Monday, July 4, 2005, 1730 hours. Chickasaw national recreation area, Pavilion springs in Sulphur, Oklahoma.
The weather was gorgeous, very hot, muggy, the sun was shining, and the sky was blue with very few clouds in the sky.
The covered pavilion was constructed out of brick and wood, a few concrete steps led down to the floor of the pavilion. There was a natural spring in the middle of the pavilion, cold water flowed constantly. Metal folding chairs were sat in rows on both sides of the spring.
Many of our family and friends sat in the chairs. Some were standing.
I pinned my grandfather’s boutonniere on the left side of his shirt just over his heart. “Inside your heaven” by Carrie Underwood began to play. Mitchell and Chuck stood to the left of the Reverend. My Aunt Deedee walked slowly down the steps, then immediately left and stood to the right of the pastor. When the song finished, I walked to the left side of my papa, and locked my arm with his. A family friend stood behind me straightening the train of my dress. The wedding march played as my grandfather and I walked gracefully in sync. My eyes met Mitchell’s, they were misty. He smiled bigger and brighter than I’d ever seen before. As we stood in front of the preacher, my grandfather placed my hand in Mitchell’s and gave me away. I stood there, my eyes glued to his. We promised to love each other until death that day.
The wedding was short and sweet. We chose a hay ride as our exit. Crawford and Sharon drove a black Chevrolet truck. Two square bales of hay sat against the cab of the truck in the bed. The words “Just married” were written in red bold, large letters on the back window. As we rode through the town of Sulphur cars honked and people waved as they drove past. My veil blew in the wind as the truck traveled along the two lane highway toward Davis.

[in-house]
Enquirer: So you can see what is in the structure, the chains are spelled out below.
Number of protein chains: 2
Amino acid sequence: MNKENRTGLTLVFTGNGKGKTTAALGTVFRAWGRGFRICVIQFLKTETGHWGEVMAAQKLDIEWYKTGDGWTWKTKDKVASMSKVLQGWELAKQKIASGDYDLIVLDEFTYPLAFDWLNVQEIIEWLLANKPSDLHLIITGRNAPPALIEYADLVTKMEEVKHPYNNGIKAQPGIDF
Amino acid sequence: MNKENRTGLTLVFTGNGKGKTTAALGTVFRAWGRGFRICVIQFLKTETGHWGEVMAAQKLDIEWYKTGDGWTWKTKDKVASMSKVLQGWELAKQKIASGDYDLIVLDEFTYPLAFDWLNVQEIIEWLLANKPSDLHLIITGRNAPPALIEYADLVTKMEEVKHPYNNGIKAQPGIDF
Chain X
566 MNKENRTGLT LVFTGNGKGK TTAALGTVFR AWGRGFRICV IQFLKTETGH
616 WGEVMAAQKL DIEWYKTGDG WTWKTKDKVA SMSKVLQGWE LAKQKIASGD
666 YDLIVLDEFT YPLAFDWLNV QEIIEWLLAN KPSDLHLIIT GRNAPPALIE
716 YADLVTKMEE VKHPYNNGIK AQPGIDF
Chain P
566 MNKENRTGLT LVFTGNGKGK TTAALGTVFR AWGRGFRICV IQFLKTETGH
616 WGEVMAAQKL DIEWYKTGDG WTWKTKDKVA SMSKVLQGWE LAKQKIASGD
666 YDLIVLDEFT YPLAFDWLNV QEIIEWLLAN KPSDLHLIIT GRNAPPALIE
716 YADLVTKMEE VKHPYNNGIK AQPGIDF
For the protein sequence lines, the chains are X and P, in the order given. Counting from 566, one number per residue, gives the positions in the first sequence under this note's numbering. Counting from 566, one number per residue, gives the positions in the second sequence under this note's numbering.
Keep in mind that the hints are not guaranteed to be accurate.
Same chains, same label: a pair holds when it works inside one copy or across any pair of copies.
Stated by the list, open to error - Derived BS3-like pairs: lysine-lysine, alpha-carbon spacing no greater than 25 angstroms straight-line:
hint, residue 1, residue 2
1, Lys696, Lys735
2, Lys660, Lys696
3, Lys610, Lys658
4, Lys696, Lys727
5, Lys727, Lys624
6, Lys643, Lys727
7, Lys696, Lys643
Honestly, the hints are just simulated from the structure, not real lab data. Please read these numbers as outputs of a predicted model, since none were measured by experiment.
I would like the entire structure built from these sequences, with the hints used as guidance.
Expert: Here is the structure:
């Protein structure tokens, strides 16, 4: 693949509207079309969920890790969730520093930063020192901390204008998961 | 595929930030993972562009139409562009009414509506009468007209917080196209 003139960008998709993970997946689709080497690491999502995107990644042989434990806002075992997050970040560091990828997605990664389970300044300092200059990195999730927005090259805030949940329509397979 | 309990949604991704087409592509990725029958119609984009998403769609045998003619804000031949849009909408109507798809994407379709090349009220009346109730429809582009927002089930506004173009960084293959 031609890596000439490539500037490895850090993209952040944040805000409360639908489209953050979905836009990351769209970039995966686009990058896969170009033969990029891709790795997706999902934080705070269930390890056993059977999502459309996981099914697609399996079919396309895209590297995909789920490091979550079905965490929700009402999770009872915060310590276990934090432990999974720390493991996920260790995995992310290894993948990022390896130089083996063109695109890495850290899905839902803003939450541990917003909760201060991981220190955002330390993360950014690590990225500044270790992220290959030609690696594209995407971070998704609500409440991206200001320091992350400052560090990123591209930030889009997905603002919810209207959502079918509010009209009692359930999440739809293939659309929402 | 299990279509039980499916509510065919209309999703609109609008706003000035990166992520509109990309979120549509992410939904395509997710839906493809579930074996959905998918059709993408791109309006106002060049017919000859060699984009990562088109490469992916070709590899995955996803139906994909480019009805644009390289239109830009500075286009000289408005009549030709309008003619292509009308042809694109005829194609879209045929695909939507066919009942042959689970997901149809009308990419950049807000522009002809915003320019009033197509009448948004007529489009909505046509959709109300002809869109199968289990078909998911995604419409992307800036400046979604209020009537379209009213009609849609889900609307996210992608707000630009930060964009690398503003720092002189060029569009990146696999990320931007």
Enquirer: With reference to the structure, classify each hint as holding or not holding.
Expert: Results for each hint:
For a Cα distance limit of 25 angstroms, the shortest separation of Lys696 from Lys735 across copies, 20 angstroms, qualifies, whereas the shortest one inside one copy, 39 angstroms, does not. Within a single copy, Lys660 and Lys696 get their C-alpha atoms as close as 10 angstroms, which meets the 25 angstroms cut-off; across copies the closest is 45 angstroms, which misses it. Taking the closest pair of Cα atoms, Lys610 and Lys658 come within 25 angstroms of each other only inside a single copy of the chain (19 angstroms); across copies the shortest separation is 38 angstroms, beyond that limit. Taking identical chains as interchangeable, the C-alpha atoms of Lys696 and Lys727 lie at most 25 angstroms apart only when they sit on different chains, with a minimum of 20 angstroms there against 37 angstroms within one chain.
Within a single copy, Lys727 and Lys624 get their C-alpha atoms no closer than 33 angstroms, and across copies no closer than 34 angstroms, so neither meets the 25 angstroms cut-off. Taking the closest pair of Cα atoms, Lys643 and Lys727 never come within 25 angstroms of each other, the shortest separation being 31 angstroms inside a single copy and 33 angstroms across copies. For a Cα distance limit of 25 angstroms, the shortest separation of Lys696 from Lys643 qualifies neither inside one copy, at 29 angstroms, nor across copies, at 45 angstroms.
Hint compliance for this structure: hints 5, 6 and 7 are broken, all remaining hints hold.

Our wedding reception was at Sharon and Crawford’s house. A table set along the north wall of their living room. On the left end of the table, our small wedding cake sat on a pedestal with a lighted fountain underneath. My grandfather baked and decorated our wedding cake. It was two tier, heart shaped, with white icing and pink and white roses around the edge of both layers. On the right end of the table, was a large chocolate on chocolate sheet cake. Friends and family stood around the open kitchen, and lined the furniture.
Our song “Bless the broken road” played. He had his arms wrapped around my waist; my arms were loosely draped around his neck. We held each other close, and danced in the middle of the living room until the song ended.
After our first dance, I changed into jean shorts and a white shirt. He wore jeans and a T shirt. We sat the front yard with our friends and family for the majority of the night. Some set off fireworks; others just sat around and visited. We didn’t plan a honeymoon; instead we stayed in a hotel room in Paul’s Valley. We were both so exhausted that we fell asleep almost immediately. I looked at him just before my eyes closed, smiled and said “We’re married.” He said “Good night my beautiful wife.”
The next months were pretty close to perfect. We just lived. We worked, cleaned house, went to the laundromat, paid bills, and cooked. We would disagree occasionally; we always made up pretty quickly.
In August Mitchell tried to teach me to drive his truck, it was a standard. I grew frustrated because he thought it was hilarious when the truck would roll backward or die at stop signs. I finally told him I would drop him off at his sister’s and teach myself to drive a standard. We spent many days at Sharon and Crawford’s house. We would smoke cigarettes, laugh, and play video games. I loved his family.